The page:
Yes, that's right: they want to be able to gain all the power and abilities and gear as those who actually work for them (and by "work" I mean be at the keyboard as if it is your career) without actually having to invest the online time to do so.  Most "hard-core" players sneer at this in most forums, throwing out insults dripping with dismissive condescension. I would imagine that most developers, even if they had the idea of offline progression, would quiver in fear of the wrath of the hardcore base if they installed true offline progression.  They would be known as the developer that put out a game for gimps and whimps that wanted all of their achievements handed to them on a silver platter without having to work for it.

Well, here's the thing, guys. I (and many, many others) have a full time career and a full time family and full time real-life activities; I am not about to invest the necessary hours in at-the-keyboard work (read: grind, raids, hours-long-group-intances) in order to achieve or develop my character with gear and abilities in your game, and since your game is built around at-the-keyboard time as a criteria for advancement, why should I play your game?

Answer: I don't.  I used to, because of many reasons - it was a cool experience in EQ, and WoW was a beautiful game, but in the end those things are ultimately unsatisfying because I had no chance whatsoever of going beyond a certain point with  my character because of the online time required. At some point the casual player or soloer understands this is true, and will be true, about any MMOG they play because they're all the same in that respect. For many of us we realize we're ultimately just playing a game that will frustrate us when we run into that first bottleneck.  We'll start losing interest and then just leave the game. Some of us will even get resentful as we realize that we are being farmed for subsidy money so that high-end content can be supplied to the least profitable members of the community (because of the bandwidth they consume).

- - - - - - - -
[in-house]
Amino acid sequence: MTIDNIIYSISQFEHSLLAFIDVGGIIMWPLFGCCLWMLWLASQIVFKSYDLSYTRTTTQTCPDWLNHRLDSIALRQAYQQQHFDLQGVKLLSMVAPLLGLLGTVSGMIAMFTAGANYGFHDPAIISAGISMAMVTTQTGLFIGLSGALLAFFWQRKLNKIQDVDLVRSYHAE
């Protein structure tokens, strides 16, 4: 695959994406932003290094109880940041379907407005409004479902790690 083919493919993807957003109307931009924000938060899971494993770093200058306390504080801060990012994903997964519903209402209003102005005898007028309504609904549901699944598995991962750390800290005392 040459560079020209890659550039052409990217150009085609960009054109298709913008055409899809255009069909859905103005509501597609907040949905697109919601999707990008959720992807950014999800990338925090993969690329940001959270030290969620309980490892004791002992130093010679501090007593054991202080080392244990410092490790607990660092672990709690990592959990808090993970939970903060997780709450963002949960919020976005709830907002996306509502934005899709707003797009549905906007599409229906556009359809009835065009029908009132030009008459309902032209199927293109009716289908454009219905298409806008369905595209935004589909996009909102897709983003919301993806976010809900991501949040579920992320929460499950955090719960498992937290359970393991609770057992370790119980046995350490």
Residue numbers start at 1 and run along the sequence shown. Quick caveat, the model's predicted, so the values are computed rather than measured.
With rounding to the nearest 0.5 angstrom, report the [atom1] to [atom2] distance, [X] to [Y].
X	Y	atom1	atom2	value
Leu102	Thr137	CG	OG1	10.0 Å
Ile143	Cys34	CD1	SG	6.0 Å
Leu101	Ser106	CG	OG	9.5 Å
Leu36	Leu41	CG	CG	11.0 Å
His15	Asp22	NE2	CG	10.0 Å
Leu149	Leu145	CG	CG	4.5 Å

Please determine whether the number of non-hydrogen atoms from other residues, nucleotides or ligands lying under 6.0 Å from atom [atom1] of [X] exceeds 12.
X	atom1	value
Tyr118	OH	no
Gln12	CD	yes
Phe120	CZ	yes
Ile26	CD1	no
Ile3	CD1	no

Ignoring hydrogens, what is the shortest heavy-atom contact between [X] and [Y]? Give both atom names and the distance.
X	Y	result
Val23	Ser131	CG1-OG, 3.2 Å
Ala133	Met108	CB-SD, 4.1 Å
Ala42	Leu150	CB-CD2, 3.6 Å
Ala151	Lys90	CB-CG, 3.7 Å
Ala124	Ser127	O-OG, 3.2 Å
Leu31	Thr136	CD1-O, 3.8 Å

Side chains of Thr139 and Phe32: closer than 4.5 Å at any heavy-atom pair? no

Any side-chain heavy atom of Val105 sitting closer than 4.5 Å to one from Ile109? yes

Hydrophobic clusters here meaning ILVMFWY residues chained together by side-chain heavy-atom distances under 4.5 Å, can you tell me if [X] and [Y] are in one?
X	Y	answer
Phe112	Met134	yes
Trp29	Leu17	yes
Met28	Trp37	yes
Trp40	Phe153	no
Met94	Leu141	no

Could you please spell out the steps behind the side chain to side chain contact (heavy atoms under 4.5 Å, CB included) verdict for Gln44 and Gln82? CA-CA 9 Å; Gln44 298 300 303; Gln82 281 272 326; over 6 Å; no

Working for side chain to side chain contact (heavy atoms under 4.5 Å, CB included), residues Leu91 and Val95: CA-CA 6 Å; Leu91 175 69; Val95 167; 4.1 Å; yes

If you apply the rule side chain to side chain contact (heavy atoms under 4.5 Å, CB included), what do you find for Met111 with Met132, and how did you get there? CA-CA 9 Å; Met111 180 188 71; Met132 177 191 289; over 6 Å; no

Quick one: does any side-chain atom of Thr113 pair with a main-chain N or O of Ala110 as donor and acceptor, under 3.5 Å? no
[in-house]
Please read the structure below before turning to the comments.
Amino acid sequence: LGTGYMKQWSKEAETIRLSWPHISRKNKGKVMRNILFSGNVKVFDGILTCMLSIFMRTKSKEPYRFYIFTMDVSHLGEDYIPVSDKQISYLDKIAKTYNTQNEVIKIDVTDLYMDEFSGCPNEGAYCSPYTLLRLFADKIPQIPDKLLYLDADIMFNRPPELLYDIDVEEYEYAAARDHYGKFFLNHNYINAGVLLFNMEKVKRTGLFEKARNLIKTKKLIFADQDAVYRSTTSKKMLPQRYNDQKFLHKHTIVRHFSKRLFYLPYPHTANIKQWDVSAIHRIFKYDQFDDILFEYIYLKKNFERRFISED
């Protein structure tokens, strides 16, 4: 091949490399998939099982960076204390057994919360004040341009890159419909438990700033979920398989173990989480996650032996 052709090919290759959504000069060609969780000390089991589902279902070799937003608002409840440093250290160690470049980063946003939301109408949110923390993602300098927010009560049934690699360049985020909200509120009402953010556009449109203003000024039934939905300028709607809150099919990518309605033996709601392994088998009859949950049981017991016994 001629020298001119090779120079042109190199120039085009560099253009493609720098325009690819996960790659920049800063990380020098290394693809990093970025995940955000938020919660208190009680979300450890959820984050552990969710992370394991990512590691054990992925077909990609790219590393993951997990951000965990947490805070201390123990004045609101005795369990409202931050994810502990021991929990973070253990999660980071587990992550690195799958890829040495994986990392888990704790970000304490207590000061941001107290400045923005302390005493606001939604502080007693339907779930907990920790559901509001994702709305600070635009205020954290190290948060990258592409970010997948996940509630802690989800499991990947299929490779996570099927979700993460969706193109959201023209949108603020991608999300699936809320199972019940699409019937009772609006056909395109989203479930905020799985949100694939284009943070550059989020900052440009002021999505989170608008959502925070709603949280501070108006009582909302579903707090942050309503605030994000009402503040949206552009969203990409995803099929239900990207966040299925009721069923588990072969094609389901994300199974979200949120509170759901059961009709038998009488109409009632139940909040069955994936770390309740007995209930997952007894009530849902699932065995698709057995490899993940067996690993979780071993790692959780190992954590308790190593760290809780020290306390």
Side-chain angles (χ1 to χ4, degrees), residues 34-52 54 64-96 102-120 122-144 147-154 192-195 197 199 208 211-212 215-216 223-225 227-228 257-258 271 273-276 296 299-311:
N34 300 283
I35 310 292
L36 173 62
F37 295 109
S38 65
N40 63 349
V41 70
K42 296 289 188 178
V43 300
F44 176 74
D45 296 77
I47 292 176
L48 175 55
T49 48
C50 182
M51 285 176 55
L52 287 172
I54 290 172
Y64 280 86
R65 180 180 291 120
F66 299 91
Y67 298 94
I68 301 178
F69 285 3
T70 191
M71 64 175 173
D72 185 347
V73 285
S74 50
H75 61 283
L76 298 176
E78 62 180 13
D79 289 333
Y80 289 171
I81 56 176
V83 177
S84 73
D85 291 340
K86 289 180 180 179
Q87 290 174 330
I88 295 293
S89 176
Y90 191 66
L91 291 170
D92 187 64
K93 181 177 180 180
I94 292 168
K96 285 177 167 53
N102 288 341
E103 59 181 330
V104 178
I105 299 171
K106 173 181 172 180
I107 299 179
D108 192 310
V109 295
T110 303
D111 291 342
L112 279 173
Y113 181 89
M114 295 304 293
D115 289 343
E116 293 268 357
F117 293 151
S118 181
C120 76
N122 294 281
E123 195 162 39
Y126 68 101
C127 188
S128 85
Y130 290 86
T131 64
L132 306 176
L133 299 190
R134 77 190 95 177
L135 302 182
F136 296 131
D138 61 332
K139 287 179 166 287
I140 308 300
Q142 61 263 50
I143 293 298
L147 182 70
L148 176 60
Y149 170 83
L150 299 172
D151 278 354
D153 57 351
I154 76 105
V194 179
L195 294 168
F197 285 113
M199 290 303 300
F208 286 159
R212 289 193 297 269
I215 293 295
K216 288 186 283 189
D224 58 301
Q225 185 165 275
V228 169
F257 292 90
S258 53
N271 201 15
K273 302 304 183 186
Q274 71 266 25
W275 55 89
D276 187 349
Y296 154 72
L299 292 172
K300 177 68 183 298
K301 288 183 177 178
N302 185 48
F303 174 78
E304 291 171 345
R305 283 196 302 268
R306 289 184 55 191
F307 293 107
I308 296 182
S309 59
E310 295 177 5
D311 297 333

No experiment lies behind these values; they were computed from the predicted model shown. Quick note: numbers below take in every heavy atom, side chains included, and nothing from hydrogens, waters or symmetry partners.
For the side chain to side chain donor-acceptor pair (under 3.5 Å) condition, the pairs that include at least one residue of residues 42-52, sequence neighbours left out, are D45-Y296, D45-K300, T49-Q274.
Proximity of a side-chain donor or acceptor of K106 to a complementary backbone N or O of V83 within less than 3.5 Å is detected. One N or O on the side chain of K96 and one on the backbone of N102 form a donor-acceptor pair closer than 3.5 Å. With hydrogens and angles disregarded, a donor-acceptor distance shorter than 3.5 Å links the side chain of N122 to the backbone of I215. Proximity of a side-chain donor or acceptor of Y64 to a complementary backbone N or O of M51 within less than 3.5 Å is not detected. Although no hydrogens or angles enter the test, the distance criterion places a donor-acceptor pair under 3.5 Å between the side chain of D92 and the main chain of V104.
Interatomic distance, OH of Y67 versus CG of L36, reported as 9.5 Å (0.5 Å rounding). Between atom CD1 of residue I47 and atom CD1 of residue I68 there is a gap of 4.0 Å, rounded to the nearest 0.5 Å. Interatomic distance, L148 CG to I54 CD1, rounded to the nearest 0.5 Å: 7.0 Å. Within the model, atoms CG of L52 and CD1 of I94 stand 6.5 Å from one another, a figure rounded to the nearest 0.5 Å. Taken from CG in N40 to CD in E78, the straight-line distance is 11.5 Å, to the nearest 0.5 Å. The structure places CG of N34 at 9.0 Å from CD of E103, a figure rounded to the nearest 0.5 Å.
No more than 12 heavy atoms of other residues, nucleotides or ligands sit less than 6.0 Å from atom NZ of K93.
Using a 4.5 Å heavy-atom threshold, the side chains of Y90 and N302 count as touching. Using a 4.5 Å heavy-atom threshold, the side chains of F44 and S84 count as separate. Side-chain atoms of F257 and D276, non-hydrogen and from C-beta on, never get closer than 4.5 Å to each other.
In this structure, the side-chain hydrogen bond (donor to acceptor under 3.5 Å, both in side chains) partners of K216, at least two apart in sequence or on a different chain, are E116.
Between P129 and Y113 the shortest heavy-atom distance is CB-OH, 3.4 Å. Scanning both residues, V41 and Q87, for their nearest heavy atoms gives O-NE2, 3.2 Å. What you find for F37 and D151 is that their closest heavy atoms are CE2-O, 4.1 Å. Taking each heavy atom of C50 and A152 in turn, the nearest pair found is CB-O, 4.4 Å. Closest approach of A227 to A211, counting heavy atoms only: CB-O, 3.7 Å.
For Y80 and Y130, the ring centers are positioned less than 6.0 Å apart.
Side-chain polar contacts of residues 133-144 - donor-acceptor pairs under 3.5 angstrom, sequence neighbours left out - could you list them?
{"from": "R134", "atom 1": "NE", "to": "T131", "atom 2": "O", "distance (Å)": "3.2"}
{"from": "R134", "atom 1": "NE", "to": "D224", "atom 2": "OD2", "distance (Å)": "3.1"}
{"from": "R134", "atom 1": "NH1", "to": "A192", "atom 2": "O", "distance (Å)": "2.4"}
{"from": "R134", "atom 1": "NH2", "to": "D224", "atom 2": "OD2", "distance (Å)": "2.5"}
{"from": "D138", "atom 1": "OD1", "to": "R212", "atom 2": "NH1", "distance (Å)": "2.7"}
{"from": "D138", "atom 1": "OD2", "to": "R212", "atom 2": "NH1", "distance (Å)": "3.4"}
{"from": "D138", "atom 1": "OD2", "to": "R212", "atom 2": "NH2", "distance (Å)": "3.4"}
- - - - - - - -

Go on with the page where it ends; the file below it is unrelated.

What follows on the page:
At some point, however, some developer is going to actually ask a focus group of part-time casuals and soloers what they really want (not what they can reasonably expect) from an MMOG, and they're going to fearlessly tell the developers that what they really want is to be able to get everything that the powergamers get, only they don't want to have to sacrifice time from their offline lives to get it. Perhaps some smart developer will transcend the shock, horror and disgust of such a notion and realize that it's about the money, and develop a game to tap this market even if it means being ridiculed by all the power gamers in the world. You know, develop a game entirely around the casual and soloer market from the ground up.

And then we'll finally have a fearless, no-apology offline advancement system MMOG instead of one more power-gamer haven deceptively advertised as casual-player friendly by people who imagine that they understand what casual players really want. We want to be more than just that which power gamers compare themselves to in order to feel superior.



spyderbite writes:

Although I'll play my favorite game daily, I am hardly a power-leveler or hard core player. After 5 years in EQ2, my highest level toon is only 69. I am in no rush of hitting end game any time soon. Raiding bores me and grinding content for a select item or piece of armor seems like an endless run on a treadmill. Not appealing.

So, if anybody wants a "Win Now" button.. I say let them have it. People need to be more tolerant of these types for one reason. People that race to End Game bore easily and move on. So, while they may annoy you briefly like a yappy terrier puppy, they won't be around long. And, hardly worth busting a blood vessel over as many do on the gaming forums when a new player pops in with "How do I become the best and oh, btw, I'd like to accomplish this by tomorrow because I have 4 wives, 20 children, 6 jobs & I go to 2 colleges full time". :)

Wed Dec 16 2009 9:17AM Report